For about forty minutes during the first half of the Nigeria vs Uruguay match at the 2013 FIFA Confederations cup, the clock was rolled back, the spell was lifted – albeit short lived – and Mikel John Obi, the former teen prodigy, ‘fought’ over by the greats of modern football, Chelsea and Manchester United, displayed the panache and skills we first knew him with, capping it with a well taken goal resplendent of Kanu Nwankwo’s ‘golden goal’ against Brazil at the Olympics in Atlanta. At half time we poured encomiums on Mikel, but alas, in the second half he reverted to type – defensive minded, non exuberant cautious play, which Mourinho, that self-declared Special One, turned him into.
Mikel Obi, as a teenager, was highly endowed with inventiveness and composure on the pitch. His football was far ahead of his mates, and at barely 16 years old he was playing in the Plateau United first Team. The best player to emerge from Nigeria since Jay- Jay, he was hailed as Okocha’s successor – the attack minded, creative midfielder, with flair, and vision for the game changing pass. And he lived up to the hype, single-handedly inspiring Nigeria to a second place finish at the 2005 FIFA U-21 World Youth Championships, behind Argentina and Messi (the greatest footballer of all time). He was on the path to becoming a legend of the game and to redefine the Super Eagles, until Chelsea crashed the party, paid off Manchester United and Lyn Oslo FC, and turned our budding maestro into a master ‘water carrier.’
Kudos to Mikel he was a good student, and to the detriment of Nigeria he mastered the skills of defensive midfield, literarily wearing the shoes of Claude Makalele (the best modern day defensive midfielder). At the Champions’ League final in Munich, where Chelsea defeated Bayern on home pitch to lift the cup, Jamie Redknapp, the Skysports pundit, described Mikel’s game thus: “a performance that I didn’t think he had in him; he was putting out fires everywhere.”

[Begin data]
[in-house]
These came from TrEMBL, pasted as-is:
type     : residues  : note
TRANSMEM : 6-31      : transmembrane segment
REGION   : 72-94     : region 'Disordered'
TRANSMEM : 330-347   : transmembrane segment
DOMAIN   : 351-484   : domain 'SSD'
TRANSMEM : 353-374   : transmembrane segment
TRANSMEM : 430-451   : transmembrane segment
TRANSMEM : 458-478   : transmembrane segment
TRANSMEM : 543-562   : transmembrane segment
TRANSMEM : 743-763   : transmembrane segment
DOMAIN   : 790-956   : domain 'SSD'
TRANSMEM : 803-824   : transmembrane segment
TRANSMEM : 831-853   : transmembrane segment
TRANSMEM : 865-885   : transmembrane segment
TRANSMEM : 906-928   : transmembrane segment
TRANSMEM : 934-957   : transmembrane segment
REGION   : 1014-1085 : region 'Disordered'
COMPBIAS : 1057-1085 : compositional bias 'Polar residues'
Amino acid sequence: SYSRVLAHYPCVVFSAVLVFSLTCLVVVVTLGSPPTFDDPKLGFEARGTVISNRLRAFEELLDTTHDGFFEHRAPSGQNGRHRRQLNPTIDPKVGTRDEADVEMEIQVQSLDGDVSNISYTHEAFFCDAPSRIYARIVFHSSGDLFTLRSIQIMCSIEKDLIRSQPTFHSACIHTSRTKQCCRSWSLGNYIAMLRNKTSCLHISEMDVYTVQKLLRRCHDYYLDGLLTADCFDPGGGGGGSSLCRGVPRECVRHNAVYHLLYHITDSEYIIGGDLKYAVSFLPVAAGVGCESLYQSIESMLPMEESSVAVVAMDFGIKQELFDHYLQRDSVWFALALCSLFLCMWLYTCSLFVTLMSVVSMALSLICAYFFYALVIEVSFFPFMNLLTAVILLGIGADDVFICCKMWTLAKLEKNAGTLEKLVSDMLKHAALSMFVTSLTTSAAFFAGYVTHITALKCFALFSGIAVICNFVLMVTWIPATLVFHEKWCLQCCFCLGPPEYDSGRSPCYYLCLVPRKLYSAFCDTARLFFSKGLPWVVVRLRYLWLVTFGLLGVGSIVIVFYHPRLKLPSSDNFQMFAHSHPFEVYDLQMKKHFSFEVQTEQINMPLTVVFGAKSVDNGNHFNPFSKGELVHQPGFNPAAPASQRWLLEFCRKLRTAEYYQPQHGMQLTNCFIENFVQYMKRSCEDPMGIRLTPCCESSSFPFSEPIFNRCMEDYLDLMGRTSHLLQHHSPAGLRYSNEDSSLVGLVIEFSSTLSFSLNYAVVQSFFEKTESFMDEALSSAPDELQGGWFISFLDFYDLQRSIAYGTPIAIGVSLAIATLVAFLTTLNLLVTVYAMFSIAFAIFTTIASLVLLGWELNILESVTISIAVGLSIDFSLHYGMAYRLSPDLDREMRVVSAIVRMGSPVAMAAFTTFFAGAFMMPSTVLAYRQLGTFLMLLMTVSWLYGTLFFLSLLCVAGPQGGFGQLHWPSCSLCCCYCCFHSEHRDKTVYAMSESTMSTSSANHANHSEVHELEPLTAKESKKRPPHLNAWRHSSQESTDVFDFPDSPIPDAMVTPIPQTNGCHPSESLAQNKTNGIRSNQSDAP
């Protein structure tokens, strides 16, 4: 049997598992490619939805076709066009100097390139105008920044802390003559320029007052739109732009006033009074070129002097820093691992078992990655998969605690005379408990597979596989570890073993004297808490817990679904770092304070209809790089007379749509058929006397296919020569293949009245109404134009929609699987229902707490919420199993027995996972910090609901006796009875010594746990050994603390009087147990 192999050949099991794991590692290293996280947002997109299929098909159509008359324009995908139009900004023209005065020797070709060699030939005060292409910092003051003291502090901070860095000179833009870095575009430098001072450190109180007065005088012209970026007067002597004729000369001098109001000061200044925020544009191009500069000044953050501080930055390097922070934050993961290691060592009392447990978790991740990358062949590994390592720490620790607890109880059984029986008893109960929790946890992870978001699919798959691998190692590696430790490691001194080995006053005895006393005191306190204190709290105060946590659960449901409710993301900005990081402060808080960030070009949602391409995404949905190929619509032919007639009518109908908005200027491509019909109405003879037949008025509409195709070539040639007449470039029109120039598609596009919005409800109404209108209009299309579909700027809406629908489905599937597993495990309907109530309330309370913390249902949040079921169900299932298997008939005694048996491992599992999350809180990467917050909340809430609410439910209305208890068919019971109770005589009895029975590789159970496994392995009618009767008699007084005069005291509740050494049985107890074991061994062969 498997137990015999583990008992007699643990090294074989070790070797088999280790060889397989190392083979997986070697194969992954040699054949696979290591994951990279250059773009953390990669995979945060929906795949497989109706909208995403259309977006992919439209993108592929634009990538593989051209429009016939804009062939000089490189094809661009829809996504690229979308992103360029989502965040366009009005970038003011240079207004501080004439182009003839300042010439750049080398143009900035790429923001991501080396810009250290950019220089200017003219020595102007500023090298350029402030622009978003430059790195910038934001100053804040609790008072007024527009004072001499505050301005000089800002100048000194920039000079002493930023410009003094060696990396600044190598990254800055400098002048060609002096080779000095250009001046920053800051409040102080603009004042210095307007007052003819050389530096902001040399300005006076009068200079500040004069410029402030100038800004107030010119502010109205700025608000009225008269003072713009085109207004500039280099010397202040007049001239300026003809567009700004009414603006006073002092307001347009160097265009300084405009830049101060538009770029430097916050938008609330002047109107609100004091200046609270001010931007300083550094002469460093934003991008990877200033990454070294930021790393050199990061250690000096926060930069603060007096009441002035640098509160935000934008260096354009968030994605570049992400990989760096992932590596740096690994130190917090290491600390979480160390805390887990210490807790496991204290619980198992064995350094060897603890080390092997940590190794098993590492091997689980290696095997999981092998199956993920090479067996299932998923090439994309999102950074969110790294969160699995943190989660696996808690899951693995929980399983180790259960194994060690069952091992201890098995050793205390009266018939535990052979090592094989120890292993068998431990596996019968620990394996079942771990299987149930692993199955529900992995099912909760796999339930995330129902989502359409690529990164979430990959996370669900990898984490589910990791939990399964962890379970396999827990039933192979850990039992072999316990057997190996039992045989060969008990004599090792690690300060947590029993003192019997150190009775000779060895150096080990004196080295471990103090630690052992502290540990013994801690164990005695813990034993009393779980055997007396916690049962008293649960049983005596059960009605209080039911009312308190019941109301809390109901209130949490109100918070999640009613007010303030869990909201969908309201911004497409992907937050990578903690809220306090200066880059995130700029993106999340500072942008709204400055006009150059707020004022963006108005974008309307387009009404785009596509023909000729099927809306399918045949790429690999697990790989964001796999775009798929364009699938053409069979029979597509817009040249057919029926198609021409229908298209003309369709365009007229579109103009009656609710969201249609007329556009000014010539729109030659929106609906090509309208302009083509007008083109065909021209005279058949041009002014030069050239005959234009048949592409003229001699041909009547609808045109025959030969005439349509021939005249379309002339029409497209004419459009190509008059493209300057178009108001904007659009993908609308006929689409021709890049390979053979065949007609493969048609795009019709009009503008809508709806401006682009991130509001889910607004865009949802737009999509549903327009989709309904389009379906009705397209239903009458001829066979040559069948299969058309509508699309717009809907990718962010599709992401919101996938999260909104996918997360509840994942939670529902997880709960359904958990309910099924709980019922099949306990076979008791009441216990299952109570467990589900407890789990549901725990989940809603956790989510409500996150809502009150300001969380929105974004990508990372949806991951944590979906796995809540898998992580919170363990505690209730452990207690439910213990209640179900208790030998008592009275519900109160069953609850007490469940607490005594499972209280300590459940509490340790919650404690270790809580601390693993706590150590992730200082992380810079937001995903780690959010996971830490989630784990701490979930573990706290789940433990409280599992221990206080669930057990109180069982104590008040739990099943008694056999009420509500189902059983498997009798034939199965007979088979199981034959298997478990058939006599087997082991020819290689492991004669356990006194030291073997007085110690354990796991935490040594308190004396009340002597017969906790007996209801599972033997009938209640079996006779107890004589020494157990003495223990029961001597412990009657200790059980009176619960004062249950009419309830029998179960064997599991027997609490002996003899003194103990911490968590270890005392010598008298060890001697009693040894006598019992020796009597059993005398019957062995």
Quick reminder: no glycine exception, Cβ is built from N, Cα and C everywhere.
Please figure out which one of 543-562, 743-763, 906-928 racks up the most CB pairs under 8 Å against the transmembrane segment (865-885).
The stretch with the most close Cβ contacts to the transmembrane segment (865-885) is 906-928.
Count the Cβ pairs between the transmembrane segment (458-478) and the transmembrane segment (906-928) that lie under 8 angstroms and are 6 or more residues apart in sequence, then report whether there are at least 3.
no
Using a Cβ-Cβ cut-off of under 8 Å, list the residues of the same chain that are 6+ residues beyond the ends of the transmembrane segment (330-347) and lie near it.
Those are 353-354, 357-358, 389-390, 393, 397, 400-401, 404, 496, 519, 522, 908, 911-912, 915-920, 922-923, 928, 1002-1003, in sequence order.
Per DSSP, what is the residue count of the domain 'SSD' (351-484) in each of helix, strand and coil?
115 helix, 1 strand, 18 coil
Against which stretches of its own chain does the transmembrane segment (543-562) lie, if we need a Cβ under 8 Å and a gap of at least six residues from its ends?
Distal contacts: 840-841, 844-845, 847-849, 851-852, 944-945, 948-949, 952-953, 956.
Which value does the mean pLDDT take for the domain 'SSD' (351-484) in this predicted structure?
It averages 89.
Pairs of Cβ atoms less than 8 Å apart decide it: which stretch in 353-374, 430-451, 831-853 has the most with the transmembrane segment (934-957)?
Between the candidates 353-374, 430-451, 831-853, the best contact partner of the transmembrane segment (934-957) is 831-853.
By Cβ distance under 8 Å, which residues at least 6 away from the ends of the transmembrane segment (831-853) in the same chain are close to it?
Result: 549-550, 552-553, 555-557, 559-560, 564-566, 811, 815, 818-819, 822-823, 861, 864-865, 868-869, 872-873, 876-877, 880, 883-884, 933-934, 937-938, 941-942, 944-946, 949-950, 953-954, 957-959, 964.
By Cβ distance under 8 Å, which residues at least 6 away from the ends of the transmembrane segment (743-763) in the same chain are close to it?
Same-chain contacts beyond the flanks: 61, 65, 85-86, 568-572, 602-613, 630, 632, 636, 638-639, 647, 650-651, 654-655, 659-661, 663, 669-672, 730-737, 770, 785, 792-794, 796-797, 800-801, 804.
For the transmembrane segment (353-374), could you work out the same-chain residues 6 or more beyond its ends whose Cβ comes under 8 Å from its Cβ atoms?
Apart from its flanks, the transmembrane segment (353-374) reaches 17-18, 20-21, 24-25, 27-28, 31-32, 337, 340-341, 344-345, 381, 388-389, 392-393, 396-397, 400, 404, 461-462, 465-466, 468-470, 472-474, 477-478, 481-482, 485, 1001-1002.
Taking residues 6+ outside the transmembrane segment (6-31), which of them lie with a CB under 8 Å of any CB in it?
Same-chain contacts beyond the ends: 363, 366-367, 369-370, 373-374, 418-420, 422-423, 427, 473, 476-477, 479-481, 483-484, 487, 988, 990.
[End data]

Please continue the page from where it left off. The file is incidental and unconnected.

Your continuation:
And therein lies my grouse. I want Mikel to be on fire when he plays for the Super Eagles not putting out flames. Against Uruguay, he sparked a bit – the first time post Chelsea – and the difference was clear. But old habits die hard and in the second half he lapsed back to old ways. Chelsea blunting Mikel’s attacking instincts has impacted negatively on Nigeria’s national team. At the African Nation’s cup, the Eagles triumphed through graft and Sunday Mba’s ‘Vieiraesque’ performance. At the level of the Europeans and South Americans, we need more than graft. We need flair, guile and vision. We need a proper number 10 or as the Brazilians say ‘Numero dez.’ We need Mikel Obi to actualise his promise.
As I pen this piece Jose Mourinho has returned to Chelsea. The architect of Mikel’s conversion from attacker to defender, and a proponent of ‘containment’ football and ‘parking the bus,’ his comeback will certainly not favour the young man nor the Super Eagles. So I say, Galatasaray where are you?